Japan opens investigation into forced sterilisations
Thousands of people were forced to undergo sterilisation because of intellectual disabilities or mental illness under a law in force between 1948 and 1996. The first lawsuit for compensation will be heard on 28 March.
Tokyo (AsiaNews/Agencies) – The Japanese government is planning to carry out a nationwide survey into forced sterilisations ordered under a now-defunct eugenics law. The results of the survey could lay the groundwork for possible compensation for those affected.
The Eugenic Protection Act, in force between 1948 and 1996, authorised the sterilisation of people with intellectual disabilities, mental illness or hereditary disorders in order to prevent the birth of "inferior" offspring.
For a long time, the authorities had been reluctant to open investigations on this thorny issue. But the call for a survey came from a cross-partisan group of lawmakers and the deputy governor of Hokkaido.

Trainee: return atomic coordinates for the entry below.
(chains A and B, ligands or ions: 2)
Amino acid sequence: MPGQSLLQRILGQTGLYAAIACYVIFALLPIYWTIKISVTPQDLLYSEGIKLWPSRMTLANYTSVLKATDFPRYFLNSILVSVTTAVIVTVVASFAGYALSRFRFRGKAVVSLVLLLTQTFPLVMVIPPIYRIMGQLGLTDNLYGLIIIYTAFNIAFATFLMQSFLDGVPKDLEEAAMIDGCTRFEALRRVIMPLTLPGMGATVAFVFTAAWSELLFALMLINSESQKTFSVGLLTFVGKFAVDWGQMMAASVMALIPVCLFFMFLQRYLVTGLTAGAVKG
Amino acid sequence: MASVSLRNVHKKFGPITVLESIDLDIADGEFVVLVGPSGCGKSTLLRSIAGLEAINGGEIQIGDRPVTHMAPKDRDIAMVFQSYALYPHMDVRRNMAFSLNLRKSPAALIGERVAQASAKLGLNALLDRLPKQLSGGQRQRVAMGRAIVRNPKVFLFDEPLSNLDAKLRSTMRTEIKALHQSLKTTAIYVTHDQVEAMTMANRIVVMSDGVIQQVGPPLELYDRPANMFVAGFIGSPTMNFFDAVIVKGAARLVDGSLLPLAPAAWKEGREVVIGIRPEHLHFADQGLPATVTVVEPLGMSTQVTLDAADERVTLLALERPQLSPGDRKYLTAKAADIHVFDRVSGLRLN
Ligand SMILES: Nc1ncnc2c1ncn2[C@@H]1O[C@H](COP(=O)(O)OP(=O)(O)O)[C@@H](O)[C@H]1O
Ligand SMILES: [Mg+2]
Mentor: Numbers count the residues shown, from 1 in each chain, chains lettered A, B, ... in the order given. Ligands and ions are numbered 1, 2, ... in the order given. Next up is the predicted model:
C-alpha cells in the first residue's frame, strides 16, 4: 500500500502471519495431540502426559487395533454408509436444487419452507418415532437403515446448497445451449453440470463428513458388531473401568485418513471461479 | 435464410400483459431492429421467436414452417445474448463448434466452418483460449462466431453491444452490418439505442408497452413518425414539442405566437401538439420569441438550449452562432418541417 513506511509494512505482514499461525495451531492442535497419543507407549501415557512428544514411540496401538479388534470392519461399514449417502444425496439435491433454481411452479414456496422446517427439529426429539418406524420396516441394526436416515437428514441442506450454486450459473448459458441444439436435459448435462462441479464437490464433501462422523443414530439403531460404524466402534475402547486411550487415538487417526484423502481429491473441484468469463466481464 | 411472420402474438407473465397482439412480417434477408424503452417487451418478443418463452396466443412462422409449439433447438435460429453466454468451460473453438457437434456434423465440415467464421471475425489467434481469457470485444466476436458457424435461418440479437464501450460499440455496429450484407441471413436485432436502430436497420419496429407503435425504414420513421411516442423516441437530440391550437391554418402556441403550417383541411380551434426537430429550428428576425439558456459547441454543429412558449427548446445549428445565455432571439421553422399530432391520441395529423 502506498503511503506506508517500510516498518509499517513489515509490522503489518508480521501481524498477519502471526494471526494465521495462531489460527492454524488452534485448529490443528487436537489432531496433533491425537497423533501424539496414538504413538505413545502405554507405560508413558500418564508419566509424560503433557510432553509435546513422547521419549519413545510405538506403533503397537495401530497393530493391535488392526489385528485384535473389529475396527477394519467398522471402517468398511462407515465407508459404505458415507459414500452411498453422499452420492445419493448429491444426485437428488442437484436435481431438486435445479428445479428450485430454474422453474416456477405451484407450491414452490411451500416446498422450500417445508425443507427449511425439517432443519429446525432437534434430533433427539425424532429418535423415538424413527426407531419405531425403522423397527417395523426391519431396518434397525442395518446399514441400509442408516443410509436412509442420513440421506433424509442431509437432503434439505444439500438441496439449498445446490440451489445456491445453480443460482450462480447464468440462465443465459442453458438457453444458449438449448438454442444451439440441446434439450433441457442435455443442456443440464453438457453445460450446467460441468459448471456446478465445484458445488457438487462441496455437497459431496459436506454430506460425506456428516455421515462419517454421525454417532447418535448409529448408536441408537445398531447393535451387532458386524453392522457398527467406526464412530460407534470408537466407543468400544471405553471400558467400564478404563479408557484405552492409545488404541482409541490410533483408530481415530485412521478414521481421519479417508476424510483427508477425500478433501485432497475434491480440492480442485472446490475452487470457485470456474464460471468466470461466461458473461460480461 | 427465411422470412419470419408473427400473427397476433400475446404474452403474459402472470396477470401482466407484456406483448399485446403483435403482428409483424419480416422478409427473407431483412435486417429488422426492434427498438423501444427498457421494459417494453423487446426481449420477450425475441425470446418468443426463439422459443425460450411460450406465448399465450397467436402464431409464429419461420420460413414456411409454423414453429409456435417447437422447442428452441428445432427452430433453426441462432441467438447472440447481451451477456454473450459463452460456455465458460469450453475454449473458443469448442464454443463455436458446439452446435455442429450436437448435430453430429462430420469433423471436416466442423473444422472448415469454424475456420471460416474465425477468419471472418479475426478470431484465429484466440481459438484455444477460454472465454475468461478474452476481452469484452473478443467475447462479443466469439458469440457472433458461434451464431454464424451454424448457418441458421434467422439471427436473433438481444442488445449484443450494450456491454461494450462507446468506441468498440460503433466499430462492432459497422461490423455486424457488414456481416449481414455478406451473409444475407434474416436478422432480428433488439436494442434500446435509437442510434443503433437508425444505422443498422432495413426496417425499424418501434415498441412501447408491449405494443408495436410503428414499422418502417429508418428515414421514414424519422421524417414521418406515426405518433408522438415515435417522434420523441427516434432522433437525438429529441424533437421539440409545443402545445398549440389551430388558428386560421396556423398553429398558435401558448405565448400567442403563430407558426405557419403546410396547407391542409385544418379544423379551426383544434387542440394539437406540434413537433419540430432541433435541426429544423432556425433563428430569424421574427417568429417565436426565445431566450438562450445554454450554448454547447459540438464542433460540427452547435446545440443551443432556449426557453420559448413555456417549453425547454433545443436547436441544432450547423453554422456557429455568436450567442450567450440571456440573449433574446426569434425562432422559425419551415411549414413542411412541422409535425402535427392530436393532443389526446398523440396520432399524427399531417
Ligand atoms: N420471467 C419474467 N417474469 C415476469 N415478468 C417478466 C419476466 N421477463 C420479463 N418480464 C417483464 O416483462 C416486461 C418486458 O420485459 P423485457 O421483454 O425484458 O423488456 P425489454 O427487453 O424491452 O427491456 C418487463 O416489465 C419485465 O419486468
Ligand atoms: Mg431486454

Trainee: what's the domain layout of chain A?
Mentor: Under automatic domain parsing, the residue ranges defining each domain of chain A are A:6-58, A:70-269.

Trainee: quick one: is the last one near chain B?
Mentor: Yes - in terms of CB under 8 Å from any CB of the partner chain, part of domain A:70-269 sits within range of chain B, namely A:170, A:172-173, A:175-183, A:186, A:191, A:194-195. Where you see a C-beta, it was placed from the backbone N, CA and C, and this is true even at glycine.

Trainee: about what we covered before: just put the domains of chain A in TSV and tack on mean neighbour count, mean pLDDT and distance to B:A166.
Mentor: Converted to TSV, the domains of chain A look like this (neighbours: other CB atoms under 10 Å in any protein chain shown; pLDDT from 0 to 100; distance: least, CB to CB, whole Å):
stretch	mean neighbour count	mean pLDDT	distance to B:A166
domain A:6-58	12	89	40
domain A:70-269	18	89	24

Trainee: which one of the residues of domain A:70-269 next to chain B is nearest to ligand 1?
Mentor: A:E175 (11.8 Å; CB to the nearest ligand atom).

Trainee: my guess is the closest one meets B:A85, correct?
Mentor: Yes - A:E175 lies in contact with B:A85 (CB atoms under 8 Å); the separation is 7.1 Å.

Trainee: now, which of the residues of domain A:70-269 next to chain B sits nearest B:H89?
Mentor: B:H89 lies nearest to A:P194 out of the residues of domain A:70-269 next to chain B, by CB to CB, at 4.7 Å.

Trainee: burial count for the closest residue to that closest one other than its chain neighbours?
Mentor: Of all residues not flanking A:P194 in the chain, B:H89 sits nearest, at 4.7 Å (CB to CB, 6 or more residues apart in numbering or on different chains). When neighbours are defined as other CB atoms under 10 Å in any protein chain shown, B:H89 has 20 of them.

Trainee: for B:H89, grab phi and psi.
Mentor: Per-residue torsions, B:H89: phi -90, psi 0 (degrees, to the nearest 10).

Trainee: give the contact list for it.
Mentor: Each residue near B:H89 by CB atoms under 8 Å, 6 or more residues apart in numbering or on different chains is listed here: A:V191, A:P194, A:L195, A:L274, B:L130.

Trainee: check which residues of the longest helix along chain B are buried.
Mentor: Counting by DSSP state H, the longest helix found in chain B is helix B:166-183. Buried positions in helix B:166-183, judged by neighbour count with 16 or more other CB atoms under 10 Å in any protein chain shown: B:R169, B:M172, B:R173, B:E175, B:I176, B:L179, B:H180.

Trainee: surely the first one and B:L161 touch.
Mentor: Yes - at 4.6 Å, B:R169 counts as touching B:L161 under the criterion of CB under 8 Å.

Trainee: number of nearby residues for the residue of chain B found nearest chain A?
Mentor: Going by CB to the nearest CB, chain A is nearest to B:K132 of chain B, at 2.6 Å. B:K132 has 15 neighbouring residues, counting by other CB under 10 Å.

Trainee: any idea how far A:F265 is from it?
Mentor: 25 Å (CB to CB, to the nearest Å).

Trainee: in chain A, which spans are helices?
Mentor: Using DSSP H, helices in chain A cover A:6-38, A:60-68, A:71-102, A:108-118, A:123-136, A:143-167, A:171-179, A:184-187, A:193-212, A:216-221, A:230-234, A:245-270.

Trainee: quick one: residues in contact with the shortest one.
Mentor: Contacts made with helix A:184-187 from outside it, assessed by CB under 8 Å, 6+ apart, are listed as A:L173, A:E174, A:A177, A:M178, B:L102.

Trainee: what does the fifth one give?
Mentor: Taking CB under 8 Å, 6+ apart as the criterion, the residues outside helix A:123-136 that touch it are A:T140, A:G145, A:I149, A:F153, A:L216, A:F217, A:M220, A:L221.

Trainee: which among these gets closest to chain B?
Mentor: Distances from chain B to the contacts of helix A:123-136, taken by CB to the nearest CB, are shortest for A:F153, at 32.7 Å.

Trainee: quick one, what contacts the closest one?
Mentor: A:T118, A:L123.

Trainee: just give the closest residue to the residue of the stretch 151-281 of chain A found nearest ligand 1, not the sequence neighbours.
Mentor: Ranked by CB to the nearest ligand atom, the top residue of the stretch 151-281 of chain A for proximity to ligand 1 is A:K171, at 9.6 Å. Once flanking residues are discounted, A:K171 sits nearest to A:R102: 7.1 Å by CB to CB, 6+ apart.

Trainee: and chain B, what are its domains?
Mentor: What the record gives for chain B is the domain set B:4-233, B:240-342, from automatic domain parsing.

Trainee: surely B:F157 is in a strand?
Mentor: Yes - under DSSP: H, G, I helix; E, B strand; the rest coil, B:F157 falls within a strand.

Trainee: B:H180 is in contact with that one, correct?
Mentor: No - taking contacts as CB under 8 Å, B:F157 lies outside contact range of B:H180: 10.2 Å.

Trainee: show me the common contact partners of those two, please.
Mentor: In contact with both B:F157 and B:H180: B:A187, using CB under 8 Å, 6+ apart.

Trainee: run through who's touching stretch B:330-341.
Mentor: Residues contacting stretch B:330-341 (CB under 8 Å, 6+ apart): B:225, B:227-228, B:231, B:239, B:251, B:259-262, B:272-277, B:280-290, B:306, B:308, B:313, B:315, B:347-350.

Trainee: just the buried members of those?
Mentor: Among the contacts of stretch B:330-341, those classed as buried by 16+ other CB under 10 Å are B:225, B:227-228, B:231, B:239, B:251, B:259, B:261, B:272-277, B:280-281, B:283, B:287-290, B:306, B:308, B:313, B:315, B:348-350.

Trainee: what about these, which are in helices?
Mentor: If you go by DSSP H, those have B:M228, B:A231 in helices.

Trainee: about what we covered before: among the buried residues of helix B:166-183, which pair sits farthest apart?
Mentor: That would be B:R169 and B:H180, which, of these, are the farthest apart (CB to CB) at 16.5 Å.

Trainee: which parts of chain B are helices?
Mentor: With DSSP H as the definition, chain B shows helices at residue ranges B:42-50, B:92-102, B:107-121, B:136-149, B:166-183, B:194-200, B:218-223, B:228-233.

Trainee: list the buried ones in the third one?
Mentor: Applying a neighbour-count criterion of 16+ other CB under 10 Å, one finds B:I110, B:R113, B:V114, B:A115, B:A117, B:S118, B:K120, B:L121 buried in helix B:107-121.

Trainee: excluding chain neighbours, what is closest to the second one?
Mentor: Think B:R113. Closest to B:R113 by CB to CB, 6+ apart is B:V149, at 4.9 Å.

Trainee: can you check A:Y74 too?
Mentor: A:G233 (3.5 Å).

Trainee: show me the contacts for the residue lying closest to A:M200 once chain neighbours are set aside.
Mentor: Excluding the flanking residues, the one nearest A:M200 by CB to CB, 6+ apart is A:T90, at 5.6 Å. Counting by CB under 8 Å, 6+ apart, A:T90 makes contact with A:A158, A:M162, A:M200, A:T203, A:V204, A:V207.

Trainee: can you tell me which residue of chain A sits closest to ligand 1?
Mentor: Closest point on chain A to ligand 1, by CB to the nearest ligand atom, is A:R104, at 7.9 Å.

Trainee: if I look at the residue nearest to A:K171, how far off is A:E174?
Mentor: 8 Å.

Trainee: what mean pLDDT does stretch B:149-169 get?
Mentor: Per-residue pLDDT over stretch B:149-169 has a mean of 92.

For their part, some of the victims have started to file claims for compensation. The first is a woman in her sixties from Miyagi prefecture.
She filed a suit on 30 January against the government, claiming that she was forcibly sterilised as a teenager. The trial is set to start on 28 March at the Sendai District Court.
According to the Ministry of Health, Labour and Welfare, about 25,000 people underwent sterilisation on the basis of the old law, with about 16,500 of them forcibly subjected to the operation without their consent.
However, their identities have been difficult to confirm because very few documents remain listing their names. According to data compiled by Kyodo News, named records have been found for just 3,596 people across 27 of Japan’s 47 prefectures.
The survey will require each prefecture to collect records from the authorities that performed the operations.